According to a statement put out by Macquarie University, one of the scientists, Claire Goigan said, “I have been studying sea snakes in the Baie des Citrons for 20 years, and thought I understood them very well – but The Fantastic Grandmothers have shown me just how wrong I was.” She refers to the project as “an innovative citizen science project” using volunteers to gather data. Because they were able to make multiple dives over the course of a full year, they were able to collect more data than before. It is more likely that the Grandmothers just discovered more snakes than was believed to be present.
Who are “The Fantastic Grandmothers”?
Geneviève Briançon, Aline Guémas, Sylvie Hebert, Cathy Le Bouteiller, Monique Mazière, Marilyn Sarocchi and Monique Zannier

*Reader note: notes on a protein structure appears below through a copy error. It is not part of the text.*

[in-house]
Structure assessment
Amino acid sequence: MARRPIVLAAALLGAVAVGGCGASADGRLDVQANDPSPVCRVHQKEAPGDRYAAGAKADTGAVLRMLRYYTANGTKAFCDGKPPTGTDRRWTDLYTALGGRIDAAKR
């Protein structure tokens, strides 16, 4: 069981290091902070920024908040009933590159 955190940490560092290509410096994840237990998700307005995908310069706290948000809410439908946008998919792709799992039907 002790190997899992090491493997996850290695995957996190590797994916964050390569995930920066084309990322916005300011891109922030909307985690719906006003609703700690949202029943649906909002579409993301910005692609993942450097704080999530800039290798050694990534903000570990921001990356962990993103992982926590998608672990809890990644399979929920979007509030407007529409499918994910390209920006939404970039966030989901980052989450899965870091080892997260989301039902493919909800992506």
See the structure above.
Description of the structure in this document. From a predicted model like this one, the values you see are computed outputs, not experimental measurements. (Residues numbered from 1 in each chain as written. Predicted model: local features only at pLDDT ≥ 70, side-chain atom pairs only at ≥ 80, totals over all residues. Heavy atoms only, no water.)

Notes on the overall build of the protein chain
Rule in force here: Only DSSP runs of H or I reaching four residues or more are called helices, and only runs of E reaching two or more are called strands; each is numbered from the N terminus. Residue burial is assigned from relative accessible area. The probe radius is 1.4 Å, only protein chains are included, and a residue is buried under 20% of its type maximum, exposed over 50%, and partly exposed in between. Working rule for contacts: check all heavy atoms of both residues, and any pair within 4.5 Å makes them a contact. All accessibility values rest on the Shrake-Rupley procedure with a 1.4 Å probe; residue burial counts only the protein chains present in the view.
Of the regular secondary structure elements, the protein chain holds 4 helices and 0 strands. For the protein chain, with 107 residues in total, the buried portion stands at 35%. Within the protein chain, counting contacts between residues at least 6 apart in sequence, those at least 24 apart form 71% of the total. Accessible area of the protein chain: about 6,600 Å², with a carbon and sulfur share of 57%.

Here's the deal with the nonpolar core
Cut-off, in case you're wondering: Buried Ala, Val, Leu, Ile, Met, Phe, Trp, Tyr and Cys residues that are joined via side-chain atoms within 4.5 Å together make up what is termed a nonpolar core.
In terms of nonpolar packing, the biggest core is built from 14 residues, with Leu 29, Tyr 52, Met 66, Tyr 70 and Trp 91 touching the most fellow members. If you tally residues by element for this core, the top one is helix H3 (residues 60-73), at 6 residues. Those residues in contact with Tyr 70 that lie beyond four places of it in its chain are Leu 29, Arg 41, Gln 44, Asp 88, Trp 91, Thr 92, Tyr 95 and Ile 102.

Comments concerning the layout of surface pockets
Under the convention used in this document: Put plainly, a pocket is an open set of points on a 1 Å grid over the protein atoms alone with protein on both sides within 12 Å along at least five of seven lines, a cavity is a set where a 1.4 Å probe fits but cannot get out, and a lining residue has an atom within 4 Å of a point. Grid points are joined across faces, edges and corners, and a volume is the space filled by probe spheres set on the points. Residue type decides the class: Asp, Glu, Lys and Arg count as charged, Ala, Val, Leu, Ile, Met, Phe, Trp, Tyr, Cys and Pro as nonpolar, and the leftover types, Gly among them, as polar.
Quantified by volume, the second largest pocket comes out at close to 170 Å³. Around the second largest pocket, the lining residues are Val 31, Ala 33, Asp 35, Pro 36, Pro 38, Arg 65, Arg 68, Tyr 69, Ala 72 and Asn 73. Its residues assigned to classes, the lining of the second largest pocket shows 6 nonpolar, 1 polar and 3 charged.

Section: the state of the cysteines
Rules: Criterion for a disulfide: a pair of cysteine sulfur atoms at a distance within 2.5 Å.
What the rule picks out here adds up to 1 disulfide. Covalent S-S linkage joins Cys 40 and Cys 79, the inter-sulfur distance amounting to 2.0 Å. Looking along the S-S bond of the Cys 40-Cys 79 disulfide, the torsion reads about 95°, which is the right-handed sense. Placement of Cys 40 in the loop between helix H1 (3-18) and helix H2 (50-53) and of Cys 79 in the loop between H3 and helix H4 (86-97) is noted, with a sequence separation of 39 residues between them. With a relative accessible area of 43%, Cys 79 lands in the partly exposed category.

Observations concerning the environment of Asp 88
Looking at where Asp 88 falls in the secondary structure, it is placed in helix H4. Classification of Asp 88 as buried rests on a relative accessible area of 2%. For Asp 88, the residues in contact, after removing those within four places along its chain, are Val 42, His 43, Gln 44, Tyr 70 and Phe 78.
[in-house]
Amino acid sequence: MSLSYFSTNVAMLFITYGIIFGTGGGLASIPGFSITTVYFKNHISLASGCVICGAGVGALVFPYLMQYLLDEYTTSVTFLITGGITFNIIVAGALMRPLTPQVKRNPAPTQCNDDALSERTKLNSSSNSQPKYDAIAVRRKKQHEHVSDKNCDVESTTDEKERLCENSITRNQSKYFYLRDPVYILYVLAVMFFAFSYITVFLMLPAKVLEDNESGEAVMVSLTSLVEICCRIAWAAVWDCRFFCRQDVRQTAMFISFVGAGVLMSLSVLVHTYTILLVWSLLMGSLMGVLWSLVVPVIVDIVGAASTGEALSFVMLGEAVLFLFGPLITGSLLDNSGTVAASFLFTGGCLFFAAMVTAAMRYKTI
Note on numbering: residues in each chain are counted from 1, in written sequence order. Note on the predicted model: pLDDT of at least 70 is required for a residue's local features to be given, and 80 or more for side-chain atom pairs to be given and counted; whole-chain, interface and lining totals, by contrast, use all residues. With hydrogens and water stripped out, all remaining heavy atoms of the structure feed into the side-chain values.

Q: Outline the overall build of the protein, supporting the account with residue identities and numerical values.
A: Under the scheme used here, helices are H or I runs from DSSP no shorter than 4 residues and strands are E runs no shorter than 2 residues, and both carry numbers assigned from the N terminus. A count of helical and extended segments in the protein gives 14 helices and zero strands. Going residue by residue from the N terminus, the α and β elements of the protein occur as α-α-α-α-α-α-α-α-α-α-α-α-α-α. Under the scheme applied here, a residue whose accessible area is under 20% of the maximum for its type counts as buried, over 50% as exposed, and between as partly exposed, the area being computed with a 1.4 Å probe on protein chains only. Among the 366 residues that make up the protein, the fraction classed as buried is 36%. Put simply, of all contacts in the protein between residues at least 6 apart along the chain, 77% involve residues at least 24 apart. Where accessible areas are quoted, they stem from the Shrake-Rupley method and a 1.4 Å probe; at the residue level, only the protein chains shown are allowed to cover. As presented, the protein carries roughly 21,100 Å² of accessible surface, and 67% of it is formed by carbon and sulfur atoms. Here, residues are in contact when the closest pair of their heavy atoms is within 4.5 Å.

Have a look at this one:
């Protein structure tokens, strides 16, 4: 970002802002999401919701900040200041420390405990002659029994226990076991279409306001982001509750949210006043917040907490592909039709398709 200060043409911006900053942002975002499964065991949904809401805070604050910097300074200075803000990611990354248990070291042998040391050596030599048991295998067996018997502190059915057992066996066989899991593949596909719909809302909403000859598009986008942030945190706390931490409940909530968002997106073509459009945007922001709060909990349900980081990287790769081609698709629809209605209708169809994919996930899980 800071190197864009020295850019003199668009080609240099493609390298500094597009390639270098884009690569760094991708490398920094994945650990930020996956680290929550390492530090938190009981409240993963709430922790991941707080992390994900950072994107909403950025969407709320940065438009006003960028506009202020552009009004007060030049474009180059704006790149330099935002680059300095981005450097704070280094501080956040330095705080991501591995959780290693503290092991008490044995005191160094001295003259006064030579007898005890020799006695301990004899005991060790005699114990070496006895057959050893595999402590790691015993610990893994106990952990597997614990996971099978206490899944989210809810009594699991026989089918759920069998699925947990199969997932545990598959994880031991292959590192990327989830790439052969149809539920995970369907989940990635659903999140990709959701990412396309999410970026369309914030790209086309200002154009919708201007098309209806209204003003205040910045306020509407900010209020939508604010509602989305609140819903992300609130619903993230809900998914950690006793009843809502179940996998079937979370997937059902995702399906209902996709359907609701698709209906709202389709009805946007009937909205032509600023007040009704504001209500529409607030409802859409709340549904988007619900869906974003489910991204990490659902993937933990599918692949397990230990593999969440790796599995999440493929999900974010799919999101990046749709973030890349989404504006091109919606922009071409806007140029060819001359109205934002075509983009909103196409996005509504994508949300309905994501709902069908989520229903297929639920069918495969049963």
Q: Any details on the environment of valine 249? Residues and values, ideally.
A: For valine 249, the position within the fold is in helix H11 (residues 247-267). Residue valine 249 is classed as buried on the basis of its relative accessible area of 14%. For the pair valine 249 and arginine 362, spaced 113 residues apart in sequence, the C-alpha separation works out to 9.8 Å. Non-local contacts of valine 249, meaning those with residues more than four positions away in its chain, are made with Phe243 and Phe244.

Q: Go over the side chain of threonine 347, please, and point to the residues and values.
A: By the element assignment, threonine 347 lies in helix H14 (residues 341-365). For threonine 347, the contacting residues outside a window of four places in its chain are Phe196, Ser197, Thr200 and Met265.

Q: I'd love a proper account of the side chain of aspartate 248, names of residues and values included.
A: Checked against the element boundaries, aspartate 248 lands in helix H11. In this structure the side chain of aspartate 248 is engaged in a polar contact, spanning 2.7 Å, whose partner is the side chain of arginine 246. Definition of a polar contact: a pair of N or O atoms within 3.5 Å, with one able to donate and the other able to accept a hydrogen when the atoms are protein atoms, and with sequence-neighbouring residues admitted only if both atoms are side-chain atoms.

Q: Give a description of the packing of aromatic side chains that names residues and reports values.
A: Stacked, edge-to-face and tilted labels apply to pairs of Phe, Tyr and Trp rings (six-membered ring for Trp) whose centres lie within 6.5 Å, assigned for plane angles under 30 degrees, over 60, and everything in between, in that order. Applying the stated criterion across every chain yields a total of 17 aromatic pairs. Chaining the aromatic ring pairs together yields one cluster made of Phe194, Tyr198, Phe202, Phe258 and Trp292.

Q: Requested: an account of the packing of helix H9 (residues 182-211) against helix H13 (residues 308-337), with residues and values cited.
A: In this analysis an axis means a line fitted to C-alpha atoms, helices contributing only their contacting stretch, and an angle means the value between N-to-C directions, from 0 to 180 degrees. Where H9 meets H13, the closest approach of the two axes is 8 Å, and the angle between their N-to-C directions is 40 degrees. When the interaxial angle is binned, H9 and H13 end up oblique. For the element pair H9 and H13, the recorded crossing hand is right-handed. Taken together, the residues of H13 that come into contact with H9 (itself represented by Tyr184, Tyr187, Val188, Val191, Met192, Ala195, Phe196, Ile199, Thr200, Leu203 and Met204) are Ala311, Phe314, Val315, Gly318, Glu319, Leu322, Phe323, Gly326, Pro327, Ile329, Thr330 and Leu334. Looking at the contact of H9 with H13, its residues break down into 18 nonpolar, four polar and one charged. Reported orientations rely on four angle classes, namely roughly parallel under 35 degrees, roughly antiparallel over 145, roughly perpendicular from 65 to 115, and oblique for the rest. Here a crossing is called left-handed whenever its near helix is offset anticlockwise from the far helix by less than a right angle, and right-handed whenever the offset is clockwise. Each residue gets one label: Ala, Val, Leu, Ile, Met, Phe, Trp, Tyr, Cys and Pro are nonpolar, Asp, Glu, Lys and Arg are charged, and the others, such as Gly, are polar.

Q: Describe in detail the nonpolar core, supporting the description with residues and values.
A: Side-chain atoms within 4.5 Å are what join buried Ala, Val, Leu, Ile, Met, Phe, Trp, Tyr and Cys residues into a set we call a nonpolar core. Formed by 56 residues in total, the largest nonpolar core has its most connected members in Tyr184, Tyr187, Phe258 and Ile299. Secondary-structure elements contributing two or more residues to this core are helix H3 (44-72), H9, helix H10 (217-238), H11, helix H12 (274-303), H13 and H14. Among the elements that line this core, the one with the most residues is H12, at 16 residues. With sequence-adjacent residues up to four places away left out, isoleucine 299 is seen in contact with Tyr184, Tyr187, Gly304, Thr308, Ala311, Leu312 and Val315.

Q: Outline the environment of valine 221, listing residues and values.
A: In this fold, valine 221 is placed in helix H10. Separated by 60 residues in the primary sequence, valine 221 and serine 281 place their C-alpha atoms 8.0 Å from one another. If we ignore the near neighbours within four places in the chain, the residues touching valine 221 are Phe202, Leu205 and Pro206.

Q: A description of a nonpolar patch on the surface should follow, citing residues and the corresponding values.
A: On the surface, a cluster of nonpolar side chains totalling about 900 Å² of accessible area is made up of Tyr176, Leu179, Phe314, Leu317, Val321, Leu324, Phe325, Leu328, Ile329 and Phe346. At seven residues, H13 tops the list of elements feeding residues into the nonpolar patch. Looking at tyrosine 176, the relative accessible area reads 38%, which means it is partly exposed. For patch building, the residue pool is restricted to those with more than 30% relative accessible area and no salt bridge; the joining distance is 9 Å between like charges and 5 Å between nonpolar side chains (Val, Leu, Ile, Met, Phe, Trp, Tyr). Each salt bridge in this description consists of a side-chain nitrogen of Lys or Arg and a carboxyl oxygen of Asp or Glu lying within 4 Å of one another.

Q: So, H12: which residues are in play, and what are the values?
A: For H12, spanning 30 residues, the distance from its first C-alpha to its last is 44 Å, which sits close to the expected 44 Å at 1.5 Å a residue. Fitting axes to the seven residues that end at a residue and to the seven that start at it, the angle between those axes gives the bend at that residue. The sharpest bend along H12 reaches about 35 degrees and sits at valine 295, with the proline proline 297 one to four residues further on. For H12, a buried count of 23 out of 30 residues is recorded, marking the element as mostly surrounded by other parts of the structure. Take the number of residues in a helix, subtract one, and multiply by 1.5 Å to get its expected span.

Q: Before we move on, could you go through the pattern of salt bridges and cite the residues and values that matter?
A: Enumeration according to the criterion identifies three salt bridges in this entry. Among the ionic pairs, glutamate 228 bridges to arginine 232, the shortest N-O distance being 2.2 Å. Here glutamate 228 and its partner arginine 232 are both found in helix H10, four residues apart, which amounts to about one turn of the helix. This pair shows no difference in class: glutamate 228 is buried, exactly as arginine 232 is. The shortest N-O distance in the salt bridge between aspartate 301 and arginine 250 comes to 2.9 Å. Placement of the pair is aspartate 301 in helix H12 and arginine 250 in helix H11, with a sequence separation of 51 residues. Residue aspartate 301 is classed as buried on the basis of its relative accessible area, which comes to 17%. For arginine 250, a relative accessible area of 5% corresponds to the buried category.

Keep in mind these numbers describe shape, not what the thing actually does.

Have they Closed the Baie des Citrons Swimming Area?
No. This area is still a popular swimming and snorkeling area. There have been no bites by greater sea snakes to humans recorded in the Baie des Citrons. In general, bites from sea snakes worldwide are extremely rare. There are 57 known species of sea snakes. One research group estimates that sea snakes are “the most abundant venomous reptile on the planet”. They only live in the Indian and Pacific oceans, so if you are in the Atlantic Ocean you will not have to worry about them. Most sea snakes do not have any human contact and if they do they are not aggressive.